1. Limited time only! Sign up for a free 30min personal tutor trial with Chegg Tutors
    Dismiss Notice
Dismiss Notice
Join Physics Forums Today!
The friendliest, high quality science and math community on the planet! Everyone who loves science is here!

Good Books to use to Study Particle Physics

  1. Feb 25, 2013 #1
    I'm in tenth grade and am interested in studying physics. I've heard that the best way to get started is to have an understanding of elementary physics, so can anyone recommend some books and websites to get started? I have practically no background at the moment, so a general overview would be helpful. Thanks!
  2. jcsd
  3. Feb 25, 2013 #2
    If you're just interested in some popular science books, then I'm sure you can find many of these. They are often very fun to read and give an idea what physics is roughly about.

    However, pop sci books won't help you understand the topic. If you want to gain real understanding, then you will have to study physics rigorously. But it will take years of dedicated study before you can do something like particle physics. Many people lack the discipline for such a study, or they lack the motivation, or they even find out that physics is boring and not at all what they thought it was! (Yes, particle physics is entirely different from how it is presented in the popular media!!)

    Anyway, if you're truly interested in a rigorous and real understanding, then the most important thing to study now is mathematics. Make sure you are very comfortable with basic algebra, trigonometry, geometry, precalculus,... I highly recommend the book "basic mathematics" by Lang. This book contains everything of mathematics (before calculus) that one needs to know of high school. Lang is a mathematician though, and his style is mathematical. You may dislike this. But do check out the book.

    After the basic mathematics, you can do some algebra based physics. This is very boring. They will basically just give you the formulas and you will have to solve questions by plugging in values in the formulas. But it might make you familiar with a lot of concepts used commonly in physics.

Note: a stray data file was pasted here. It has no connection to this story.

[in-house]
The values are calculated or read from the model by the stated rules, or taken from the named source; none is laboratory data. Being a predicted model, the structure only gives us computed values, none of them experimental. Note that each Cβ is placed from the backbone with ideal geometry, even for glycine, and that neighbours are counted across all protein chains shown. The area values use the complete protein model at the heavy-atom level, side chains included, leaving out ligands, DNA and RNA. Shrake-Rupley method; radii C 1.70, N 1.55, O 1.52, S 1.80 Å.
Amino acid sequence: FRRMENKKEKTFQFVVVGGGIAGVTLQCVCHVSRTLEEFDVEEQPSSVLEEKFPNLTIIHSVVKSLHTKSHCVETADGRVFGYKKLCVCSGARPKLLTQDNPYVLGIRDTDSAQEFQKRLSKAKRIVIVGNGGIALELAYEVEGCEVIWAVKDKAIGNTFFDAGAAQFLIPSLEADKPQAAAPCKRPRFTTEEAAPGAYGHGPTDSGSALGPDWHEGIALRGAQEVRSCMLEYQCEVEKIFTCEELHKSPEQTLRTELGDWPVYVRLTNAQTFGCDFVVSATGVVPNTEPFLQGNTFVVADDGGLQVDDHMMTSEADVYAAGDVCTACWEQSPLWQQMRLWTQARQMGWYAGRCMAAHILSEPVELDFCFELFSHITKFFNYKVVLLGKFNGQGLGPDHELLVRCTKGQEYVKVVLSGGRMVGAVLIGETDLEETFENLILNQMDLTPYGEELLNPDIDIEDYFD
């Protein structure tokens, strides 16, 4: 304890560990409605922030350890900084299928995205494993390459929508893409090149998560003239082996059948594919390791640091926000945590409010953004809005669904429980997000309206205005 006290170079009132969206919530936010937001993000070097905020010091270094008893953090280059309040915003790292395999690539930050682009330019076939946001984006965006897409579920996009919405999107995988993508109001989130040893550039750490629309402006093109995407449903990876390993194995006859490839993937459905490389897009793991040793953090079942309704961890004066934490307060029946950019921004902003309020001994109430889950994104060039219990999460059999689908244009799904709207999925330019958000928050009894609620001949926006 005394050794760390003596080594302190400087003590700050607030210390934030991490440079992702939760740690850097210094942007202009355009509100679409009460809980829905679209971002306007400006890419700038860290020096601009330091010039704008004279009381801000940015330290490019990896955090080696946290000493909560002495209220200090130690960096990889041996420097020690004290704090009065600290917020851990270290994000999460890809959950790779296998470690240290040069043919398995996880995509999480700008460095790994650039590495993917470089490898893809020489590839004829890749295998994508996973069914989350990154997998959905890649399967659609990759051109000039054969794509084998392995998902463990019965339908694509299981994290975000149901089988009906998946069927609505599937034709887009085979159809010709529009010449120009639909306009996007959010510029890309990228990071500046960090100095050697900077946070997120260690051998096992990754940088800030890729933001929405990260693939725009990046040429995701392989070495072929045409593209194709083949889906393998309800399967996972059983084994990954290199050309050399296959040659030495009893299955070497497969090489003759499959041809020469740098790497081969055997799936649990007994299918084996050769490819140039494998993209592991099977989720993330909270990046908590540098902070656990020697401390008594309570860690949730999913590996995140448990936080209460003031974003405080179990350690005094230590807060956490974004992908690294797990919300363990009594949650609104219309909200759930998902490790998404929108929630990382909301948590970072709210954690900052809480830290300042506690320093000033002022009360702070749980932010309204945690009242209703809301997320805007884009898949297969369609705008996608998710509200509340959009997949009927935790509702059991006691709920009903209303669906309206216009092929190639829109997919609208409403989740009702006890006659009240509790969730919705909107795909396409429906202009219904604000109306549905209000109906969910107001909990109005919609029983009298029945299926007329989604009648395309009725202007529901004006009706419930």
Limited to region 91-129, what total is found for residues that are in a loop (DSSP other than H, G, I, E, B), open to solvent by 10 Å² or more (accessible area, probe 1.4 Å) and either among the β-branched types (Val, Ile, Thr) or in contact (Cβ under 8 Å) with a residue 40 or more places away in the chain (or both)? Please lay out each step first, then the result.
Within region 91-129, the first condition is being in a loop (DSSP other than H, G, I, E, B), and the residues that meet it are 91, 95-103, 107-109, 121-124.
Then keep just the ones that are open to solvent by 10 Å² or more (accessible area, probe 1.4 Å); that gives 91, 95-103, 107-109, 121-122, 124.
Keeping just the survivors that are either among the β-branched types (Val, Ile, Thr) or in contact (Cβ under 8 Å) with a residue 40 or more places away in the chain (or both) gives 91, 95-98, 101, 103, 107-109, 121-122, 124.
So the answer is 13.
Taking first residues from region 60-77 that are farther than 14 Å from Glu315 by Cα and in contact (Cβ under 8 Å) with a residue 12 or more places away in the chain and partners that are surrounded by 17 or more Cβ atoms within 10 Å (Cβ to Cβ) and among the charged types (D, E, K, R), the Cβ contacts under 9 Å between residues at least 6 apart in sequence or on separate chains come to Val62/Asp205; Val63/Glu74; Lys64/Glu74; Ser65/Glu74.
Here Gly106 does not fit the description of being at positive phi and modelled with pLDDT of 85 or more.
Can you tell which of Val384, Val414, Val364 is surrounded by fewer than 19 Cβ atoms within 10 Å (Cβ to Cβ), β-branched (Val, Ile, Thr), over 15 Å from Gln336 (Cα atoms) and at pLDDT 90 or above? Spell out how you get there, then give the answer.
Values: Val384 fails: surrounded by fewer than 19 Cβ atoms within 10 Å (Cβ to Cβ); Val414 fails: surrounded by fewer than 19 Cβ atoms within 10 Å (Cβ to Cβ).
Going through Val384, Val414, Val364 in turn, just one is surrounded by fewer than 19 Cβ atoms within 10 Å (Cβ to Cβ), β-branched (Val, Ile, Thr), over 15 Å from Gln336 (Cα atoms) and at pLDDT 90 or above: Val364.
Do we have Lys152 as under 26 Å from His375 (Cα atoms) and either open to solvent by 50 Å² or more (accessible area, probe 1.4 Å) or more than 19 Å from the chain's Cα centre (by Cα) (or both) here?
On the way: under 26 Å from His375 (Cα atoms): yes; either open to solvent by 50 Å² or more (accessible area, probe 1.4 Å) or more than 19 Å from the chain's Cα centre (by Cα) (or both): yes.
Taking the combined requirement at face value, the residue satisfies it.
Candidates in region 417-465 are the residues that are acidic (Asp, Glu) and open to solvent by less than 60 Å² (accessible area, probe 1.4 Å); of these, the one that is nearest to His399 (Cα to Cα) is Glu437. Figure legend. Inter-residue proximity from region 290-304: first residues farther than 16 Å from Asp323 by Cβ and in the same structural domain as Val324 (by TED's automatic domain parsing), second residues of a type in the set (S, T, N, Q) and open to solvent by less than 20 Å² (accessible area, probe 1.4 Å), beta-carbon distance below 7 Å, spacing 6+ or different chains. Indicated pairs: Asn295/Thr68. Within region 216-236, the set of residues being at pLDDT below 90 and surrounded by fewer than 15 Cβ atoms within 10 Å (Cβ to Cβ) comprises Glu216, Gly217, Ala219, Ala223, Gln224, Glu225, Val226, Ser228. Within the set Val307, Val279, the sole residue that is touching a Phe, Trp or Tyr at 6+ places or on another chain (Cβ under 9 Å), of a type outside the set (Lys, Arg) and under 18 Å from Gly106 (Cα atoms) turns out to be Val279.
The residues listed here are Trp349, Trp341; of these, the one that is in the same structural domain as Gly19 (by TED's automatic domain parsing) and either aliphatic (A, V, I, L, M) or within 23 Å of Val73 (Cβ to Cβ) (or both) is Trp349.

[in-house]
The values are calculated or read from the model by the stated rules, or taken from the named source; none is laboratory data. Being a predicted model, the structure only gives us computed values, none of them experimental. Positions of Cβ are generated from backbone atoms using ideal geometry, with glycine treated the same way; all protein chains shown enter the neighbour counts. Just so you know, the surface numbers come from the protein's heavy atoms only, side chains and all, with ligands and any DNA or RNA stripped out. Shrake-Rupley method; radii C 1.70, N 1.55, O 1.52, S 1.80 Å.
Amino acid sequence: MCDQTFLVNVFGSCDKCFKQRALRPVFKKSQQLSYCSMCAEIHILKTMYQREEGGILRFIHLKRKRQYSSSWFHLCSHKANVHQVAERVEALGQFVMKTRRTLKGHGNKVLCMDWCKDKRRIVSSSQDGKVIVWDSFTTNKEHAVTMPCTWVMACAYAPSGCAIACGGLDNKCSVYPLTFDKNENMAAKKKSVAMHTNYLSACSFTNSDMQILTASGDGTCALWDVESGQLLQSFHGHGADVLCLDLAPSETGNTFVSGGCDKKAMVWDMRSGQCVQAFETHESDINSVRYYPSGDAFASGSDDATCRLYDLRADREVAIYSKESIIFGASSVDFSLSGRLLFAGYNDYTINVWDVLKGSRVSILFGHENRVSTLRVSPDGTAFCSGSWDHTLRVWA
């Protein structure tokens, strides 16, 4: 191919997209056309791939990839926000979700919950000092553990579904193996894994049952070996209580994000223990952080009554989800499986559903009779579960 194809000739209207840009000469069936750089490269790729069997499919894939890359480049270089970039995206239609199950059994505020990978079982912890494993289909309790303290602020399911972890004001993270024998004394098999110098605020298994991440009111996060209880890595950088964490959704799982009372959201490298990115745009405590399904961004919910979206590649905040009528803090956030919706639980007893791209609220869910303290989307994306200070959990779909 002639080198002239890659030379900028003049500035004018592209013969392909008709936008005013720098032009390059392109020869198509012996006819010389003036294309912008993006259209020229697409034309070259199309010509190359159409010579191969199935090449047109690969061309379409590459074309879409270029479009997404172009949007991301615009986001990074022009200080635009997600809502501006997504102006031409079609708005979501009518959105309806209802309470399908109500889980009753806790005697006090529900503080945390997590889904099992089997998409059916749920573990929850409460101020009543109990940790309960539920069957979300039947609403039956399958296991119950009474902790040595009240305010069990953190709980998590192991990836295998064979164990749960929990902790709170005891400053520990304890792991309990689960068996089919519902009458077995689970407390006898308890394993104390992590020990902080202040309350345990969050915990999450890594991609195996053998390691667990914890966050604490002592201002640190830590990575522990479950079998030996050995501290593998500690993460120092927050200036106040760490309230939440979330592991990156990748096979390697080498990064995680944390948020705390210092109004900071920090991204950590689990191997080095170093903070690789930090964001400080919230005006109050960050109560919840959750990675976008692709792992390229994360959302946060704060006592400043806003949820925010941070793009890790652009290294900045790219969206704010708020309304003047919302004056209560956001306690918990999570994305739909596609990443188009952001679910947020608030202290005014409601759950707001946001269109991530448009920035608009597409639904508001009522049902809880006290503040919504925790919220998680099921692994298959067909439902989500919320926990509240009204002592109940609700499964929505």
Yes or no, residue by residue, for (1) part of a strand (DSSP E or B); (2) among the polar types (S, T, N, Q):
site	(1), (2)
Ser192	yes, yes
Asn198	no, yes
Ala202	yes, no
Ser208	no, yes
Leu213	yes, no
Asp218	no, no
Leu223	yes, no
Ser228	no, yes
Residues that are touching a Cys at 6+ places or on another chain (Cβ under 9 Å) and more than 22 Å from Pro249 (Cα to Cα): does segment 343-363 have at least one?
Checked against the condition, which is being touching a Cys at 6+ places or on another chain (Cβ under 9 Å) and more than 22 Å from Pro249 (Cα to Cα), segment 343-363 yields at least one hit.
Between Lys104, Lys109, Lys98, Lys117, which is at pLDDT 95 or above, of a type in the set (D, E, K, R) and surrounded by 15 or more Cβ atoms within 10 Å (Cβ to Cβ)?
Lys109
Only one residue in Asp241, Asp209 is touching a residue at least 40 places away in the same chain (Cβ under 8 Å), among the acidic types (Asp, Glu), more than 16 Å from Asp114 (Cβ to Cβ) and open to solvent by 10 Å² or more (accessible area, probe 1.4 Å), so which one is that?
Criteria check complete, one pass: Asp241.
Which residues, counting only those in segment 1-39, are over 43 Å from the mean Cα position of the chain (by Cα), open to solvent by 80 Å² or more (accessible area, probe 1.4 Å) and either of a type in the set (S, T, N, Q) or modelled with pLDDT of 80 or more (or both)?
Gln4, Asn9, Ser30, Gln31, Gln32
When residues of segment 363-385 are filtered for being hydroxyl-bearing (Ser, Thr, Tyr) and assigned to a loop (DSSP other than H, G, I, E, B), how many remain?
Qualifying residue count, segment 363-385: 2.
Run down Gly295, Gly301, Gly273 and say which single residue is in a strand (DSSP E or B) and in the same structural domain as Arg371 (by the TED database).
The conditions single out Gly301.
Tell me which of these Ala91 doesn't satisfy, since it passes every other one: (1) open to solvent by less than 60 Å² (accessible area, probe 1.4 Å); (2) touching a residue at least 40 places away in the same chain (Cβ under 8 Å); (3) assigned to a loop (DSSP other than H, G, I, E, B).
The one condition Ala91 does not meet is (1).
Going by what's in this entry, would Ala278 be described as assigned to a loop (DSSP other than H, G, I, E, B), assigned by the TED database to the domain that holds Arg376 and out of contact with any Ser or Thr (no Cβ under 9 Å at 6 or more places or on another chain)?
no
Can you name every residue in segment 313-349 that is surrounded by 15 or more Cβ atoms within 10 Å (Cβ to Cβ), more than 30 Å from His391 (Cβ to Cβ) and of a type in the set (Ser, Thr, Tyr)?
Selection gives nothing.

Instead of doing algebra based physics, you can just skip it and move directly to calculus based physics. Of course, you need to have a good grasp on basic calculus first. Usually, a Calculus I suffices (and a bit of Calculus II perhaps). Some good calculus books are Lang: https://www.amazon.com/First-Course-Calculus-Undergraduate-Mathematics/dp/0387962018 and Kleppner: https://www.amazon.com/Quick-Calculus-Self-Teaching-Guide-2nd/dp/0471827223 and Kline: https://www.amazon.com/Calculus-Intuitive-Physical-Approach-Mathematics/dp/0486404536
    Once you know a bit of calculus, you can study books like Halliday and Resnick. These books are better than algebra based physics, but they are still boring. But it is a beginning. Later on, the physics will be much more interesting and challenging.
    Last edited by a moderator: May 6, 2017
  4. Feb 25, 2013 #3


    User Avatar
    Science Advisor

  5. Feb 26, 2013 #4
    I am IN precalculus right now. I took algebra 2/trig last year, and geometry in 8th grade. With that kind of math knowledge, what should I be doing right now?
  6. Feb 26, 2013 #5
    Then I guess you can either do an algebra-based physics book. Or you can work through a calculus book. I recommend the latter since algebra-based physics is really boring. Physics is only fun with calculus.
  7. Feb 27, 2013 #6
    Ok thanks!
Know someone interested in this topic? Share this thread via Reddit, Google+, Twitter, or Facebook

Have something to add?
Draft saved Draft deleted

Similar Discussions: Good Books to use to Study Particle Physics